Complementary and alternative methods of treatment include the following:

  • Acupuncture has been shown to be helpful in some trials. [51, 52] However, one study found acupuncture to be no better than placebo. [53]

  • Few controlled trials of herbal or homeopathic treatments have been performed. [54, 55] Many anecdotal cases report short-term benefit that wanes with time.

  • A controversial placebo-controlled trial of a homeopathic treatment (Rhus toxicodendron 6c) decreased tender points. [55] A recent trial of individualized homeopathic treatment showed modest benefits. [54]

  • A combination of malic acid (200 mg) and magnesium (50 mg) (Super Malic) in high doses did not have an effect in the controlled portion of the trial but was found to be useful in the subsequent open-label study. [56]

  • A  multicenter trial showed modest salutary effects of acetyl L-carnitine using a combination of daily oral (1000 mg/d) and intramuscular (500 mg/d) treatment for 2 weeks, followed by oral treatment (1500 mg/d) for 8 weeks. [57]

  • For further information on integrative treatment, see the chapter “Fibromyalgia Syndrome” by Muller and Selfridge in Integrative Medicine (2007). [58]



Prevention of bursitis and tendonitis depends on proper body mechanics at work and at play. Avoiding overuse and gradual increases in exercise is the best means for prevention. Warm-up and cool-down exercises and stretching are recommended. Balancing aerobics with strength training and stretching, particularly yoga, can be helpful.

No methods have been proven to prevent fibromyalgia. An overall program of stress reduction that combines mindfulness, meditation, and vigorous exercise, as well as avoiding injury, may offer the best chance for prevention.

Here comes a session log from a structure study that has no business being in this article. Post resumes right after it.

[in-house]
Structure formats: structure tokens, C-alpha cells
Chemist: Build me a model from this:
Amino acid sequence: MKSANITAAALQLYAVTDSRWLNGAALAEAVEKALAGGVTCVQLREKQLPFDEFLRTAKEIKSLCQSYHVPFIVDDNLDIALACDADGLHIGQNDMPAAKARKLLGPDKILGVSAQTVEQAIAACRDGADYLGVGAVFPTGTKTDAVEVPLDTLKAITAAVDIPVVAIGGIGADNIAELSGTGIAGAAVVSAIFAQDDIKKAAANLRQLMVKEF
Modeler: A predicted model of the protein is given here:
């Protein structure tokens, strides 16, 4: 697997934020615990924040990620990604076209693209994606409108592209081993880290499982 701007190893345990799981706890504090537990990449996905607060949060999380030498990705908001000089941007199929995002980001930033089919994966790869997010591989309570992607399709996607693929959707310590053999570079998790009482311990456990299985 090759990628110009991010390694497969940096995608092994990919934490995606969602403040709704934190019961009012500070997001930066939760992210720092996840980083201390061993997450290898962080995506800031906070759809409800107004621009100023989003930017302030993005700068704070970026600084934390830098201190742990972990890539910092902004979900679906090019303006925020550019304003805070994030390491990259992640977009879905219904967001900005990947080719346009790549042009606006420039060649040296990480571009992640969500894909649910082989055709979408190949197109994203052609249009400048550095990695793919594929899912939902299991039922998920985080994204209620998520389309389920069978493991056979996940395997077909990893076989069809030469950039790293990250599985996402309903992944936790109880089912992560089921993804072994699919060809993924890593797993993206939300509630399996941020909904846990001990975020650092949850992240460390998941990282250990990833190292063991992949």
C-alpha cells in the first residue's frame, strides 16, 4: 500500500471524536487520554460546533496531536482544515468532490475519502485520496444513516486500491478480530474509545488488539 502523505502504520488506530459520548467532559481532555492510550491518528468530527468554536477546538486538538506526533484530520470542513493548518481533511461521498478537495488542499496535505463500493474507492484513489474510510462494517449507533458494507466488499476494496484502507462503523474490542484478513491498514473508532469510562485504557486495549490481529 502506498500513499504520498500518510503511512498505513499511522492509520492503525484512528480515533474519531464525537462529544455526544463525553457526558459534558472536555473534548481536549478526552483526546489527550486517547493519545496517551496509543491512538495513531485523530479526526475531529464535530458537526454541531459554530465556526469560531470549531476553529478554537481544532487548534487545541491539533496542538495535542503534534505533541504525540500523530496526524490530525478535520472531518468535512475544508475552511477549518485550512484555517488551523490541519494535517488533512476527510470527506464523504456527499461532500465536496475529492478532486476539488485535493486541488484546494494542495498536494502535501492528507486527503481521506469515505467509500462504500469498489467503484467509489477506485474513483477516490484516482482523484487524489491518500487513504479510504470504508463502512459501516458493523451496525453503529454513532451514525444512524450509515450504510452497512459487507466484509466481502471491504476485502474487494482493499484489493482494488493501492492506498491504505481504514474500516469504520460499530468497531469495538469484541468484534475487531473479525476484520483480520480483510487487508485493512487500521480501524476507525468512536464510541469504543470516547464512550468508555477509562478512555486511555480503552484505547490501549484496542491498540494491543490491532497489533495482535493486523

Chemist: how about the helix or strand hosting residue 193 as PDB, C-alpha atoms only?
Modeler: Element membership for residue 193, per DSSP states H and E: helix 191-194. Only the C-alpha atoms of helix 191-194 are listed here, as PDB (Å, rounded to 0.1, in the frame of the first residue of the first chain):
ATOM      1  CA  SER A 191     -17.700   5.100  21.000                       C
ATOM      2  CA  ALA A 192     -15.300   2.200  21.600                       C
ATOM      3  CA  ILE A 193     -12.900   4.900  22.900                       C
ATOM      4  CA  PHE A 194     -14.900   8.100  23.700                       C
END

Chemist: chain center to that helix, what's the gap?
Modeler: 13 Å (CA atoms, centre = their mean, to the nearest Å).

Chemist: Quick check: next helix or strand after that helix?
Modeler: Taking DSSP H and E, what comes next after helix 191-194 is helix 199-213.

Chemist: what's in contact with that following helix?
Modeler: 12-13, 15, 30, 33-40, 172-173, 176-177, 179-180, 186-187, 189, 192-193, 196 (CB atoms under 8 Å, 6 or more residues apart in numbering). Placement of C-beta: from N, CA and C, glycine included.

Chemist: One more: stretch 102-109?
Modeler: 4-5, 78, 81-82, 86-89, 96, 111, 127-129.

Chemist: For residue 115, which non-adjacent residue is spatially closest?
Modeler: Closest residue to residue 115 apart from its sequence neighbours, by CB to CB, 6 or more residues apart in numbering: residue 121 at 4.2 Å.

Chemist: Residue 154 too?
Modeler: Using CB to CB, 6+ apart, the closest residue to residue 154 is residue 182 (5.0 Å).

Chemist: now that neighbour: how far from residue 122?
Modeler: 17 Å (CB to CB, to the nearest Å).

Prognosis in fibromyalgia and multiple bursitis-tendonitis syndrome is as follows:

  • In one study, 65% of patients improved with therapy. A similar percentage reported feeling poor or fair 3 years after diagnosis.

  • About 10-30% of patients are disabled because of fibromyalgia. Most patients function well but continue to report chronic pain.

  • Better response to treatment is observed in patients of younger age with continued employment, supportive families, an absence of affective disorders, and without involvement in litigation. [59]

  • One study showed that the level of disease activity did not change significantly over an average of 6.4 years that patients were studied. These findings suggest that current conventional medical treatment is unsatisfactory and does not alter the prognosis in fibromyalgia.

  • Complete remissions are uncommon.

Prognosis in regional and local bursitis, tendonitis, neurovascular entrapment, and structural syndromes is as follows:

  • Most patients do well with therapy.

  • Exacerbations are common but respond well to treatment.


Patient Education

Internet resources for patient education include the following: